St. Thomas Aquinas on Justification, pt. 1
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C.S. Lewis once said, “It’s a good rule after reading a new book never to allow yourself another new one till you have read an old one in between. If that is too much for you, you should at least read one old one to three new ones.... Every age has its own outlook. It is especially good at seeing certain truths and especially liable to make certain mistakes. We all therefore need the books that will correct the characteristic mistakes of our own period.... None of us can fully escape this blindness, but we shall certainly increase it, and weaken our guard against it, if we read only modern books....The only palliative is to keep the clean sea breeze of the centuries blowing through our minds and this can only be done by reading old books.” 1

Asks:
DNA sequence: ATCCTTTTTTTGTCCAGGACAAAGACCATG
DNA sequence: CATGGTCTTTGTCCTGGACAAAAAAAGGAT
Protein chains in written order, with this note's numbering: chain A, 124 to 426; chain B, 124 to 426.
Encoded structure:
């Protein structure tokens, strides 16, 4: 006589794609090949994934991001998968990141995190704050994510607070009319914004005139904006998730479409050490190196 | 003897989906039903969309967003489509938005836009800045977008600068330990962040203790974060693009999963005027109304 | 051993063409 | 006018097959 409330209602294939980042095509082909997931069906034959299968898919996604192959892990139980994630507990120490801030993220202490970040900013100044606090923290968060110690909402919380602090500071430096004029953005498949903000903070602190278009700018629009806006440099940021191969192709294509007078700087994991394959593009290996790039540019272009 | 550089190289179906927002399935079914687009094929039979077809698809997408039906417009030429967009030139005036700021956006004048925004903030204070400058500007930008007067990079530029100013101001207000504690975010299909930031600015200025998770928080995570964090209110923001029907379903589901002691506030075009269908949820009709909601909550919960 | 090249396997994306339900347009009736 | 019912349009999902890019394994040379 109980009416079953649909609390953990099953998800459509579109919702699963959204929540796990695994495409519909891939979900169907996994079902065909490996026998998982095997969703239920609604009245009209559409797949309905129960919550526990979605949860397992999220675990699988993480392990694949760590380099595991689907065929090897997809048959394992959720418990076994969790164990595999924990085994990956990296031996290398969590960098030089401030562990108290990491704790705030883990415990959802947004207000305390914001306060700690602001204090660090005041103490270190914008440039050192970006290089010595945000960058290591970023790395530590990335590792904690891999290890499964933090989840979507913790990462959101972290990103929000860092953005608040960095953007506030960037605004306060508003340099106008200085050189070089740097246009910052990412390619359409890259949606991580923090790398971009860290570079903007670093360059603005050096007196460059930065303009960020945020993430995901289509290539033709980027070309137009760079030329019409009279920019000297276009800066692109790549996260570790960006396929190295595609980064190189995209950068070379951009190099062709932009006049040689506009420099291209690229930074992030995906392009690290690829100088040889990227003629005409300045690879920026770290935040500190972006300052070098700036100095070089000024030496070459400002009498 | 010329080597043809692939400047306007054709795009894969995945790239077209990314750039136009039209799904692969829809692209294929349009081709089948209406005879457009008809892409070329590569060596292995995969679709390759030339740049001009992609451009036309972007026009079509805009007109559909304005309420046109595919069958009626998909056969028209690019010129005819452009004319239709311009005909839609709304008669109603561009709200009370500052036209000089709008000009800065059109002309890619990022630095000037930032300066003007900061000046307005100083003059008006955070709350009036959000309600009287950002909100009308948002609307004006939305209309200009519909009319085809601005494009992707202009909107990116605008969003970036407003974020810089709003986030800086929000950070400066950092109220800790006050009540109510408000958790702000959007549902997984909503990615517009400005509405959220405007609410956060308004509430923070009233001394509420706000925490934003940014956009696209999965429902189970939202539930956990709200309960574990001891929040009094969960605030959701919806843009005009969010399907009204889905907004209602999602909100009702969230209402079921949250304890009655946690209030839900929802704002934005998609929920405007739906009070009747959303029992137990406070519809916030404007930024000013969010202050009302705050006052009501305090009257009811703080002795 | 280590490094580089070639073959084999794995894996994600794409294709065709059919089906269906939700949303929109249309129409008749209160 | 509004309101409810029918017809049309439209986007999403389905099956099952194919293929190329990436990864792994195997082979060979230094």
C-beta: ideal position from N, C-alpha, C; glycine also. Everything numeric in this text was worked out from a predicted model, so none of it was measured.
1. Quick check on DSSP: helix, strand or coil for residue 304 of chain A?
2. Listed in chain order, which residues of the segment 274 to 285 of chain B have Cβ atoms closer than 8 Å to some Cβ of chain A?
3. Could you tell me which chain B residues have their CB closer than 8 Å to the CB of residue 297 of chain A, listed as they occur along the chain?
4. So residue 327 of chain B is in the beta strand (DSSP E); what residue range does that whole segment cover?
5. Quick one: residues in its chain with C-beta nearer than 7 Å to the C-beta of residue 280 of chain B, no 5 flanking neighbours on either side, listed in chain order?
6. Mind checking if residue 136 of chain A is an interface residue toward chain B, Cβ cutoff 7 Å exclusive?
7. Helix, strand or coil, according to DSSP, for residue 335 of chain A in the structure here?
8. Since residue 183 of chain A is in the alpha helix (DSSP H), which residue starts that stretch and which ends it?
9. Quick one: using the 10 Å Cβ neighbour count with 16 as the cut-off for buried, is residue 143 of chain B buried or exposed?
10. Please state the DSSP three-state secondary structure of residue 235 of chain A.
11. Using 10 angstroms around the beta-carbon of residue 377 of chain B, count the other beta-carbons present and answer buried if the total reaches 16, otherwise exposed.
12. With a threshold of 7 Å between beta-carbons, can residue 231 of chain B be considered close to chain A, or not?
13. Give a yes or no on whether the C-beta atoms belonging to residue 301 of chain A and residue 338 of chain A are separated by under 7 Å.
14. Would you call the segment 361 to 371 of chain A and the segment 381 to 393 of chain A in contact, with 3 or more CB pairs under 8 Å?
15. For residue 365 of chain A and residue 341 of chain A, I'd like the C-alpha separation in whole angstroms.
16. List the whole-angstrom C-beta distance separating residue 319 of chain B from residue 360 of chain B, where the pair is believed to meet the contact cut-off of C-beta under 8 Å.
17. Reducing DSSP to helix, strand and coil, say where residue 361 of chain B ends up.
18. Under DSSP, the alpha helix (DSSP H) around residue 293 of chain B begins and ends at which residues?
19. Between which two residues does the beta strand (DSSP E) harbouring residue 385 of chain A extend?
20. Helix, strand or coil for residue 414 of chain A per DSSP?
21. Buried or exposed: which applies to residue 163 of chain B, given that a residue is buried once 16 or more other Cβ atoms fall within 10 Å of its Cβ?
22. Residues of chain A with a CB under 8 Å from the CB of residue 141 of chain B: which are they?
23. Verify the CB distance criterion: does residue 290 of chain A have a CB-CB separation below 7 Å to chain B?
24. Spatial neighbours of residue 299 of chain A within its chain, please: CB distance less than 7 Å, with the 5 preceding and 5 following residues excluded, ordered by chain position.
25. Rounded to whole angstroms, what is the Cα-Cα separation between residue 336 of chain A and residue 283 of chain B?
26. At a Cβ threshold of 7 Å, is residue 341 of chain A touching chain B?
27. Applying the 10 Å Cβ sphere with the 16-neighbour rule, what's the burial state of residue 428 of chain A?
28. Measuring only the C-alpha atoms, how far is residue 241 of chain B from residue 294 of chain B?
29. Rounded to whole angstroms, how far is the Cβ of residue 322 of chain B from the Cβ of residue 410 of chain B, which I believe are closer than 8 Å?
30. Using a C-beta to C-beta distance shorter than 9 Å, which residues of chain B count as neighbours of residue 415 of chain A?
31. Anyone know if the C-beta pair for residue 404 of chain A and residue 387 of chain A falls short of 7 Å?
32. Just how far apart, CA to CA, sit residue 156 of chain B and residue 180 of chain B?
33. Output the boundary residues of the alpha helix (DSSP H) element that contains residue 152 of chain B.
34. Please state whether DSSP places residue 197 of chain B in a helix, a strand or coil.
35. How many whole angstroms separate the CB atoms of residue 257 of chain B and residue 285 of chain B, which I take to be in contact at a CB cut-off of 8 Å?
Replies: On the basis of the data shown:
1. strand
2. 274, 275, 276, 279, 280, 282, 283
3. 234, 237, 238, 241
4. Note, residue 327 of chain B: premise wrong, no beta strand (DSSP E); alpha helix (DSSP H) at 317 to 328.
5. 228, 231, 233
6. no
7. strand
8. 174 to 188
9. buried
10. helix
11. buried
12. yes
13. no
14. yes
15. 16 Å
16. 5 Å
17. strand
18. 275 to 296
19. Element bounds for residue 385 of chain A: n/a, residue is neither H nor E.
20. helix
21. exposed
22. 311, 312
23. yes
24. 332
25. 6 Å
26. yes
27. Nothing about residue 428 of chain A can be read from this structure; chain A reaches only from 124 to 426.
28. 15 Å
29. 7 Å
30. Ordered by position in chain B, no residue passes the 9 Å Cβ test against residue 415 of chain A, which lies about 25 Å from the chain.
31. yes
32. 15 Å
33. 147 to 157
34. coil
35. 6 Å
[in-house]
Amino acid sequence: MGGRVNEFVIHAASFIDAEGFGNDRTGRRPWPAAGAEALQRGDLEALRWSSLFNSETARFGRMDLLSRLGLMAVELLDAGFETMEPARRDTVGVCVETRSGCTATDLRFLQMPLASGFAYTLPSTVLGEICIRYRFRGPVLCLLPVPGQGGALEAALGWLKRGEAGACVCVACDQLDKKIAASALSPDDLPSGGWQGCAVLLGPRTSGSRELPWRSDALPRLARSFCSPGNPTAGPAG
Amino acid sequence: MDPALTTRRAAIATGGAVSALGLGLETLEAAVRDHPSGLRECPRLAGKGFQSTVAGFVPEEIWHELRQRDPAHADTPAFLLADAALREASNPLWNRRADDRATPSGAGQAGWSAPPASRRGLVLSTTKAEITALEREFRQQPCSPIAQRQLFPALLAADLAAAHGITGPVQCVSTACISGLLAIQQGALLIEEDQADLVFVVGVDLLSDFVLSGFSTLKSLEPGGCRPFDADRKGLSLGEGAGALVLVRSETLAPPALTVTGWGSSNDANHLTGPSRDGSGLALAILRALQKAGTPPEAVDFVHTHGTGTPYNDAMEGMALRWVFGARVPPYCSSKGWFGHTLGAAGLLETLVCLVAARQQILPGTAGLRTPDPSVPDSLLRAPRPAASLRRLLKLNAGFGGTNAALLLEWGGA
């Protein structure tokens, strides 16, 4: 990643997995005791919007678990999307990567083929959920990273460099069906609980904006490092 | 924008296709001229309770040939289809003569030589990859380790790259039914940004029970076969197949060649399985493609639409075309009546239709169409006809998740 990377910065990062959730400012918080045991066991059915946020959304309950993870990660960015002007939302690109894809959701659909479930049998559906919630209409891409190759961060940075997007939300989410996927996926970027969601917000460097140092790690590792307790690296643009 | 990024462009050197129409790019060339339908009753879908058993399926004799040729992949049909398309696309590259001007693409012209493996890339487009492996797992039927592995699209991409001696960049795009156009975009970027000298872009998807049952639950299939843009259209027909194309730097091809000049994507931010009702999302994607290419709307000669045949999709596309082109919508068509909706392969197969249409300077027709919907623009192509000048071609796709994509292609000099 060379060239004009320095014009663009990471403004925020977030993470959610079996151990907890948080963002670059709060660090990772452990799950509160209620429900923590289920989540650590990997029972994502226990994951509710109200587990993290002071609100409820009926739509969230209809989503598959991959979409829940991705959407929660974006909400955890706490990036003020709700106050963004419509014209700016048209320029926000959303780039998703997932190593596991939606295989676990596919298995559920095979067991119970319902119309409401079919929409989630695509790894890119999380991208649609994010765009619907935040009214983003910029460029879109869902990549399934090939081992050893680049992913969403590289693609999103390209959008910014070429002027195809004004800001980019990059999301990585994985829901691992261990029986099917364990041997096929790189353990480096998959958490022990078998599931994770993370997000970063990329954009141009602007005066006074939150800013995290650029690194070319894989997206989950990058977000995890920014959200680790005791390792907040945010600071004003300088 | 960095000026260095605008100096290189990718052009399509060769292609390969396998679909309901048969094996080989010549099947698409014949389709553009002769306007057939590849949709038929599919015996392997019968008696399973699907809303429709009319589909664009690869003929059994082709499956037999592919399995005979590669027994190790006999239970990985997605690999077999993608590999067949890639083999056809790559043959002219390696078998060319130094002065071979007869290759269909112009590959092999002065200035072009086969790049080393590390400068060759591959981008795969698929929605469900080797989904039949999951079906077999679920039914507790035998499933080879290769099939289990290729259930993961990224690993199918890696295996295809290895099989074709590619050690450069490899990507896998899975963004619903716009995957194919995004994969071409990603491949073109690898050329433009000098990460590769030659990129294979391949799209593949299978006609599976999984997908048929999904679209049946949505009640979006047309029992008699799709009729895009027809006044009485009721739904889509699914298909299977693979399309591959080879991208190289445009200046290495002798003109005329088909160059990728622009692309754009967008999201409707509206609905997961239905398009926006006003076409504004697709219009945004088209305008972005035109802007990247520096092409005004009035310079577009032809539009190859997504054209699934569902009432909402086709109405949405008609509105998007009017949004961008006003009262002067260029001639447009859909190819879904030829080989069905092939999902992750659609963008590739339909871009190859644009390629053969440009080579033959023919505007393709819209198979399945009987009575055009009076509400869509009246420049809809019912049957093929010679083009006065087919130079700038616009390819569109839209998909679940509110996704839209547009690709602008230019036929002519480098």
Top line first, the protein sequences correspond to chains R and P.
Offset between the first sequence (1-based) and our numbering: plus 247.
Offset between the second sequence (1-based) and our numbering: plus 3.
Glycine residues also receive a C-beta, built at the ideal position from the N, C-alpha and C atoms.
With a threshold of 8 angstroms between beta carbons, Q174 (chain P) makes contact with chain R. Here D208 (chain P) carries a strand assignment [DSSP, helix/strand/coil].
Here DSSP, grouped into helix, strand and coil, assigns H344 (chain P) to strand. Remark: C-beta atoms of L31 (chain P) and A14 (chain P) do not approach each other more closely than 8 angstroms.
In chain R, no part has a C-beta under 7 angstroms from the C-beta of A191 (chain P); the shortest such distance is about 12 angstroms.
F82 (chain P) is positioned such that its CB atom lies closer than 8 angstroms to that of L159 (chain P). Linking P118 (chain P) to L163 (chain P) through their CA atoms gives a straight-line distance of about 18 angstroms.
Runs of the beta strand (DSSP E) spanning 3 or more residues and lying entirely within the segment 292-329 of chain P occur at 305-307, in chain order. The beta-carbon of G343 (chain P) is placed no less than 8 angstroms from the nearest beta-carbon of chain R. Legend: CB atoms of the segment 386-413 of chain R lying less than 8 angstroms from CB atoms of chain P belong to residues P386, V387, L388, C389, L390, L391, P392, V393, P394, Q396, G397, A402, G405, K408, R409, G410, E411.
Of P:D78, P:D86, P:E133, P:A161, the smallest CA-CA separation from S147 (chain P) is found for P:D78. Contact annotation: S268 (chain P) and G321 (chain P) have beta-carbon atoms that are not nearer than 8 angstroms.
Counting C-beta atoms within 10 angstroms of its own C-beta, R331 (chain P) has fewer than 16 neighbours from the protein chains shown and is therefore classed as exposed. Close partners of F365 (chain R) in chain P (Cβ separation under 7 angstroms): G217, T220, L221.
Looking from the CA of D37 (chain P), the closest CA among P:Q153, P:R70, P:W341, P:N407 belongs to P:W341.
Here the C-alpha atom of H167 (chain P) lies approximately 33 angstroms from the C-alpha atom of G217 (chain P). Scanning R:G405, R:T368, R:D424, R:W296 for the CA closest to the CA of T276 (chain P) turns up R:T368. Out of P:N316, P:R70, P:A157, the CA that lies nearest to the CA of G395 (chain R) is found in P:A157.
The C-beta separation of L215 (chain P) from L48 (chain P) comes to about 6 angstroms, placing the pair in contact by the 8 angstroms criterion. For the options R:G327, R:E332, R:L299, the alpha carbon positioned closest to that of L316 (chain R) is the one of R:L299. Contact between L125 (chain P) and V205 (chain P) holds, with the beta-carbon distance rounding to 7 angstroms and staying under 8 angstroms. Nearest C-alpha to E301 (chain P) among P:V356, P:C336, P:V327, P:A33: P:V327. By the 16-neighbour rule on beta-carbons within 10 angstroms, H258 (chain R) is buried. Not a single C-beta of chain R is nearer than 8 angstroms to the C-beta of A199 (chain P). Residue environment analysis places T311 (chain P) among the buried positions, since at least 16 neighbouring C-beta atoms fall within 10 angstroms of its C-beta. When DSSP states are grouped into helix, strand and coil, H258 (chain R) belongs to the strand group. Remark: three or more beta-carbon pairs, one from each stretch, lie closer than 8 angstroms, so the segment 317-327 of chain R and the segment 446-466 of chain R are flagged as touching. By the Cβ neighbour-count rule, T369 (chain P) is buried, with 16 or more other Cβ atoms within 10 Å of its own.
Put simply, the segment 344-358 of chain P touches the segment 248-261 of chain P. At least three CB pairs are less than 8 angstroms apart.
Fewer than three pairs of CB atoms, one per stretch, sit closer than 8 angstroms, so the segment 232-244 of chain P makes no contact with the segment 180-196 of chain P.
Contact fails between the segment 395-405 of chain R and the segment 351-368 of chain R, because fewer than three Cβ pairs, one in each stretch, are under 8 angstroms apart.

This principle becomes more evident in our own time. When we peer into those old books of each of our respective traditions, we see something fuller, deeper, more precise than those books of our day. Books today are beggarly in comparison to those of old. They are treasures that have been uncovered. They provide paradigm-shifting perspectives never thought of. The work of our Theological age is not providing “new,” “original,” or “fresh” perspectives as many have taught. Instead, the labor of our age is to labor to uncover those works that have been lost before we even think of building something new.